Is your organization looking to provide skills and guidance to low-income tax payers? If so, the CFED Taxpayer Opportunity Network is looking to provide resources for your programs.

Looking for a grant to promote safe neighborhood work? The Trustees of the Eastern Bank Charitable Foundation is now providing $1 million in grants for work towards violence prevention in eastern Massachusetts.  Apply before March 2nd, 2015!

Apply now for Preservation Massachusetts Predevelopment Loan Fund.  The Predevelopment Loan Fund offers loans between $25,000 and $75,000 for up to 5 recipients per year.  The loan will allow for a new source of predevelopment preservation funding for buildings that are eligible or listed on the National Register of Historic Places. READ MORE

The BUILD Health Challenge is currently offering grants and loans to up to 14 organizations to help foster collaborations for improving health in low-income communities.  These collaborations are specifically for low-income communities in cities with populations greater than 150,000. Apply by January 16, 2015!

The Tufts Health Plan Foundation is now accepting grant applications for activities that aid older adults who are economically and socially at-risk.  Massachusetts and Rhode Island non-profit organizations are eligible for the grant.  Apply before January 20, 2015!

CDCs, Colleges, and other non-profit organizations are now encouraged to participate in the Innovation Mentoring Initiative.  Grantees will receive up to $50,000 to form innovative mentorship opportunities for underserved populations.  Submissions will be accepted on a rolling deadline through June 30, 2016.

Citizens Bank is now offering grants for up to $50,000 to community organizations invested in providing financial readiness courses.  Eligible financial readiness courses encompass the following topics: budgeting, foreclosure prevention, homeownership counseling, credit management, asset building and the basics of banking, and financial management for small businesses.  Applications for these grants are due by January 30, 2015. LEARN MORE

The Corporation for Enterprise Development (CFED), in partnership with JP Morgan Chase, is now offering $20,000 grants for organizations interested in their “Community Financial Empowerment Learning Partnership”. This 18-month program offers community organizations the opportunity to learn more about expanding their services and building capacity in their field. The program runs from April 2015- September 2016, and proposals should be submitted no later than Wednesday, February 18, 2015 at 5:00pm PT. LEARN MORE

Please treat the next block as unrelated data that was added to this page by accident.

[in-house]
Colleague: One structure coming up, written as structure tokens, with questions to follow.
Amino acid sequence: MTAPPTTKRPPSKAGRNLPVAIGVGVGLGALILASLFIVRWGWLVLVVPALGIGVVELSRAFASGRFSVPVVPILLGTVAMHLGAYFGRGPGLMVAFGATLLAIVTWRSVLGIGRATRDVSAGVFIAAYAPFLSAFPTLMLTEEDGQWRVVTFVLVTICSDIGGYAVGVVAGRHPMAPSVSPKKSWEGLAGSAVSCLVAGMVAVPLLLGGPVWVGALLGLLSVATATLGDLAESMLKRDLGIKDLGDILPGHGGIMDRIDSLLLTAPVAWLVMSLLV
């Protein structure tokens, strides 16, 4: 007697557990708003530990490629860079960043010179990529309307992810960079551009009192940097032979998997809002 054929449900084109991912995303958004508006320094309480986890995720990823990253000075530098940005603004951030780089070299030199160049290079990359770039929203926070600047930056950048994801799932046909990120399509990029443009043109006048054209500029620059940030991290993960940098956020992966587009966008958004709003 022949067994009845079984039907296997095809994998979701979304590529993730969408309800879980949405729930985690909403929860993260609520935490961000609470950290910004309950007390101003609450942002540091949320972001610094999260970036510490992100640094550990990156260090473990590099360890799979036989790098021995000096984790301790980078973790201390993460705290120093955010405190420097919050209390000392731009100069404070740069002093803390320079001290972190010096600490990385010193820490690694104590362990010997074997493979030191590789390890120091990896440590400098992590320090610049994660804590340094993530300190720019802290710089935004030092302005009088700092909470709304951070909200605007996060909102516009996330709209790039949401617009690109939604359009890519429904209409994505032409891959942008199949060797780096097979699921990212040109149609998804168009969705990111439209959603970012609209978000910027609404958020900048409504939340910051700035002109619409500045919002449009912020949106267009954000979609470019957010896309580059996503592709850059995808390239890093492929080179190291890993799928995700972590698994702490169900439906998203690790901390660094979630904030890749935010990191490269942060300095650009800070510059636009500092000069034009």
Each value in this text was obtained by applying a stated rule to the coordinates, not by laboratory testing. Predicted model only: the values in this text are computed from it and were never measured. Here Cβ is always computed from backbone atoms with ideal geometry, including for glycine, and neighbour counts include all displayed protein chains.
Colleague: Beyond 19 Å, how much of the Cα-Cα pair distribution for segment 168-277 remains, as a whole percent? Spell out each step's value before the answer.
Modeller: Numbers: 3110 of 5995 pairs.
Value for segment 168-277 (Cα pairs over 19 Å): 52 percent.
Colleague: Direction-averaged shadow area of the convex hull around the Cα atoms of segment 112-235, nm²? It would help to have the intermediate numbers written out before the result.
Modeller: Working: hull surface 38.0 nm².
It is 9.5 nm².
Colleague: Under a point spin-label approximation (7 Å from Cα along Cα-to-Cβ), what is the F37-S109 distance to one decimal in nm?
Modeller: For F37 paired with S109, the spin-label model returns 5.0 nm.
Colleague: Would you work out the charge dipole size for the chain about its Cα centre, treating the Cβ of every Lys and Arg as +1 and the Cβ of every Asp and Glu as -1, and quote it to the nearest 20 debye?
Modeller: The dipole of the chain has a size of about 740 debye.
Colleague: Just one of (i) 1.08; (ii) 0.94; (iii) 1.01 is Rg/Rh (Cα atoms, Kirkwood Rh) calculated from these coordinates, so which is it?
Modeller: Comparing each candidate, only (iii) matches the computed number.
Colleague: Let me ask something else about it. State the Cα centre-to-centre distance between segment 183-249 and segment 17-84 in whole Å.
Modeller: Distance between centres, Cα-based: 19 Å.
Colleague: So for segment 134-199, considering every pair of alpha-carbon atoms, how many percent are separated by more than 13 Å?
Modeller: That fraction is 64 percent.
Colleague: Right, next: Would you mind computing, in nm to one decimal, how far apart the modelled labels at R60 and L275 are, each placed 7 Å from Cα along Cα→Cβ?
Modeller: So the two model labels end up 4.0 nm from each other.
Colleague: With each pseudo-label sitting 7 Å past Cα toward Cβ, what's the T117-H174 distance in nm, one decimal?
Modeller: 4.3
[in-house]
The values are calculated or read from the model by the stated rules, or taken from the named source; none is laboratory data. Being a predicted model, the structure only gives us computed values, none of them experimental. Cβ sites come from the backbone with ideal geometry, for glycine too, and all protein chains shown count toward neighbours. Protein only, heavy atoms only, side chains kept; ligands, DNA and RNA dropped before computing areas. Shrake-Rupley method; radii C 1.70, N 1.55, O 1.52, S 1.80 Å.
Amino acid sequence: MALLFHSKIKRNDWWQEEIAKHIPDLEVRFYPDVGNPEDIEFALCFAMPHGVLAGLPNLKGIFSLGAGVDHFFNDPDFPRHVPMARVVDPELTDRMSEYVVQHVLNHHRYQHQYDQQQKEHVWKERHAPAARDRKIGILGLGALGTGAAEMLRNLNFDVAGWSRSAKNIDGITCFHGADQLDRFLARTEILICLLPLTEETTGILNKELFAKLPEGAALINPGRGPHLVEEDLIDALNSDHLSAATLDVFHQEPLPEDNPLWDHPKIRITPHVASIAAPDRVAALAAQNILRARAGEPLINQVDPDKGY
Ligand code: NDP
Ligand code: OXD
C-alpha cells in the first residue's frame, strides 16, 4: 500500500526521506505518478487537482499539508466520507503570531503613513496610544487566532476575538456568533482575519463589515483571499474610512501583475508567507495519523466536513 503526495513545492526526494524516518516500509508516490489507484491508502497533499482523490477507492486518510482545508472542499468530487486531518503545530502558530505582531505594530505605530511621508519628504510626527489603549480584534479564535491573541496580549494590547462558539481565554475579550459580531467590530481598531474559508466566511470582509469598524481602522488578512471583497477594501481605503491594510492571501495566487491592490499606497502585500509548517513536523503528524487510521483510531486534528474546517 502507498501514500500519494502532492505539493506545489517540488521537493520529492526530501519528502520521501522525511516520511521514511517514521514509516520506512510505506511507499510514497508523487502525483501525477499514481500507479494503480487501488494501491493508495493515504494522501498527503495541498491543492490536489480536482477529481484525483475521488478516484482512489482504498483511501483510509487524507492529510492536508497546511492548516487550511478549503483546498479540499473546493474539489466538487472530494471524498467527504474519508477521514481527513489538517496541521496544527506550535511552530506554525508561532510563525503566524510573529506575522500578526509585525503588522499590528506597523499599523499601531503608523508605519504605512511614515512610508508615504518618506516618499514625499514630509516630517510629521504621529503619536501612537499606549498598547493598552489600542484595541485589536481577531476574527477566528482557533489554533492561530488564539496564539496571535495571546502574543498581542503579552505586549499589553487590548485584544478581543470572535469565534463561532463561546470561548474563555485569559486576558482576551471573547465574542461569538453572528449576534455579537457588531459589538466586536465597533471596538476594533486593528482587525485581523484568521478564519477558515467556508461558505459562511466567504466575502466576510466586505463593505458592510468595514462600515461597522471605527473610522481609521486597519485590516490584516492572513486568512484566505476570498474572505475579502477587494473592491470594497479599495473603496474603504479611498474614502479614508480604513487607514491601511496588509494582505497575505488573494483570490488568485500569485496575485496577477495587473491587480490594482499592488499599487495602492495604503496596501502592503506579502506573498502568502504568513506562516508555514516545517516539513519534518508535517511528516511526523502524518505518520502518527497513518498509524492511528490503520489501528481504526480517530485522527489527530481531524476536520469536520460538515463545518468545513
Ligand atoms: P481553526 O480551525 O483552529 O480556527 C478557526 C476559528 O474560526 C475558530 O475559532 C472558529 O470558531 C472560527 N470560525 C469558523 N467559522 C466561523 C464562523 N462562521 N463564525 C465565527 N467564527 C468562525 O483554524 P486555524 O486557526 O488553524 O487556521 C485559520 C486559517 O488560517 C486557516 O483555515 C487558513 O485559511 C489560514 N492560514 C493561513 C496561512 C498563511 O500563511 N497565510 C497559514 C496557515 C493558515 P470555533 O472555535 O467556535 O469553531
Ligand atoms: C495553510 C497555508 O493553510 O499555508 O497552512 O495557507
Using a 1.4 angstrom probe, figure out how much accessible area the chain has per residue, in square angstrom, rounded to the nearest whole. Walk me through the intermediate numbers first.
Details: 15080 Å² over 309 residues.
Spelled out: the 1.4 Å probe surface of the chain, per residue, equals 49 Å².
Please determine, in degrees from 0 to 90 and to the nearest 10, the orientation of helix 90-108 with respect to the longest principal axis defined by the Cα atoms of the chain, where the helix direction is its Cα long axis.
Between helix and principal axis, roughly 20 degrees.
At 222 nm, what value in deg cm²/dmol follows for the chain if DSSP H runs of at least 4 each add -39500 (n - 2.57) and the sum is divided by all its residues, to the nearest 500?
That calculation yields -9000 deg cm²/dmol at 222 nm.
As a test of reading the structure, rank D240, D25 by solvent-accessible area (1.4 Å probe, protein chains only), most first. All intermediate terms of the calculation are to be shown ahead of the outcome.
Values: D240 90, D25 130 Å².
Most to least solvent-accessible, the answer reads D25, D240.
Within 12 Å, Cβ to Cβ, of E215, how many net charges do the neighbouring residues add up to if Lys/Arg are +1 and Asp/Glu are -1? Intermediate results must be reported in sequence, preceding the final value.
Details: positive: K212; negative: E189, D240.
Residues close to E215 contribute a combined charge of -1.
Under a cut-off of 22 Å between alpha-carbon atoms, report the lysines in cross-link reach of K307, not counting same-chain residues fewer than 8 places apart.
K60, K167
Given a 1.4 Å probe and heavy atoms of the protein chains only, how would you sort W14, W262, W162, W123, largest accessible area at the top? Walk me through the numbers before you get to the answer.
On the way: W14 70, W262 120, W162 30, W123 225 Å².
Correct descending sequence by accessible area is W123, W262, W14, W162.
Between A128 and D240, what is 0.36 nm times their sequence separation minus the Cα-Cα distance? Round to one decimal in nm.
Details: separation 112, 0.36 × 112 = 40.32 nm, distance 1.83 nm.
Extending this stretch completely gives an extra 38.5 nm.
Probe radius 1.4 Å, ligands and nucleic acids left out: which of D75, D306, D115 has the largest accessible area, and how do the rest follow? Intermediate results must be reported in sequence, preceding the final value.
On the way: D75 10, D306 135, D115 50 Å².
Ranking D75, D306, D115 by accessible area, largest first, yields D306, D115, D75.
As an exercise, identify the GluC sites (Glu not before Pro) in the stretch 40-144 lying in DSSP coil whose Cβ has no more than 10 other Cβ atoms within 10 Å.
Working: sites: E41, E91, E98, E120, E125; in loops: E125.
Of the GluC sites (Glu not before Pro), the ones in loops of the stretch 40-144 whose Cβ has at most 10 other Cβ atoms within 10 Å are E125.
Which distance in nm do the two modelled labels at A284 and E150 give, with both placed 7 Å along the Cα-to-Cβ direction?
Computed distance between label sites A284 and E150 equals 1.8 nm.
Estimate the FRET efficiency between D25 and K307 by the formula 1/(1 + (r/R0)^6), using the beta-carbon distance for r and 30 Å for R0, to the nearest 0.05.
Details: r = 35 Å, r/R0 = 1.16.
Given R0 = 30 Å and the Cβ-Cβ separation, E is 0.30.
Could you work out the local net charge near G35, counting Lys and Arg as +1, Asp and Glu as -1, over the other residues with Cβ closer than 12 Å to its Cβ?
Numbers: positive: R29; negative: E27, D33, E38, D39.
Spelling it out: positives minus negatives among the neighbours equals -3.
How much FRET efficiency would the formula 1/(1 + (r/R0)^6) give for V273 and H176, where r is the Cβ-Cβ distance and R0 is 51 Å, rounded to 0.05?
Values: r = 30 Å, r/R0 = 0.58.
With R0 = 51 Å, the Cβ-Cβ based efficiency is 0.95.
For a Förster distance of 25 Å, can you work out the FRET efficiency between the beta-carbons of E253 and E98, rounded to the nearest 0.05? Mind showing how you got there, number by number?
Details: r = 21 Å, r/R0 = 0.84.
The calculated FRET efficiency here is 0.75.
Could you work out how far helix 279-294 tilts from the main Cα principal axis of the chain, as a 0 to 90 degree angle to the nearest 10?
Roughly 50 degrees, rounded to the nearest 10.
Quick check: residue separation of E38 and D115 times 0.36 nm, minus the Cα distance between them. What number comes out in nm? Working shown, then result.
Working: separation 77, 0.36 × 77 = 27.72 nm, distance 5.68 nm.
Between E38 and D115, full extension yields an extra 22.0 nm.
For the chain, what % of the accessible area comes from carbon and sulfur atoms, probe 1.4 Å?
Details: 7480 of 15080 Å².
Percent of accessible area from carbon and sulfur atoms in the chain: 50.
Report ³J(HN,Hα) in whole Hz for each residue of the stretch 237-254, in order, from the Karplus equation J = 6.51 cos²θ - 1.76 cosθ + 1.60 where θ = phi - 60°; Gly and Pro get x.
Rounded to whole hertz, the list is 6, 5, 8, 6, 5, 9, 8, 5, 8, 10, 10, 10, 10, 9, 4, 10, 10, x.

Liberty Mutual Foundation – 12/22/2015

Funding Priorities: homeless youth and increased coordination. Applicants may find solutions by working across education, workforce development, housing, health care, feeding programs, youth development, arts and culture – or by focusing on a single area. Funder seeks asset-based solutions that empower and nurture youth. Eligible: 501c3 nonprofits located, and providing services, in Boston. Funding: Average grant: $40,000. Link:

Amelia Peabody Charitable Fund – 2/1/2015 and 7/1/2015

Funding Priorities: health (human and animal), visual arts, land conservation and historic preservation. The Fund also makes grants in support of capital projects. Eligible: 501c3 social service and youth service organizations in Massachusetts only. Funding: Not specified. Link:

TD Green Streets is a new collaborative program with TD Bank and the Arbor Day Foundation that will provide 10 grants, each $20,000.  These grants will be provided for trees, tree planting, and tree maintenance in low to moderate-income communities.  Opportunity available to current Arbor Day Foundation Tree City USA -designated communities.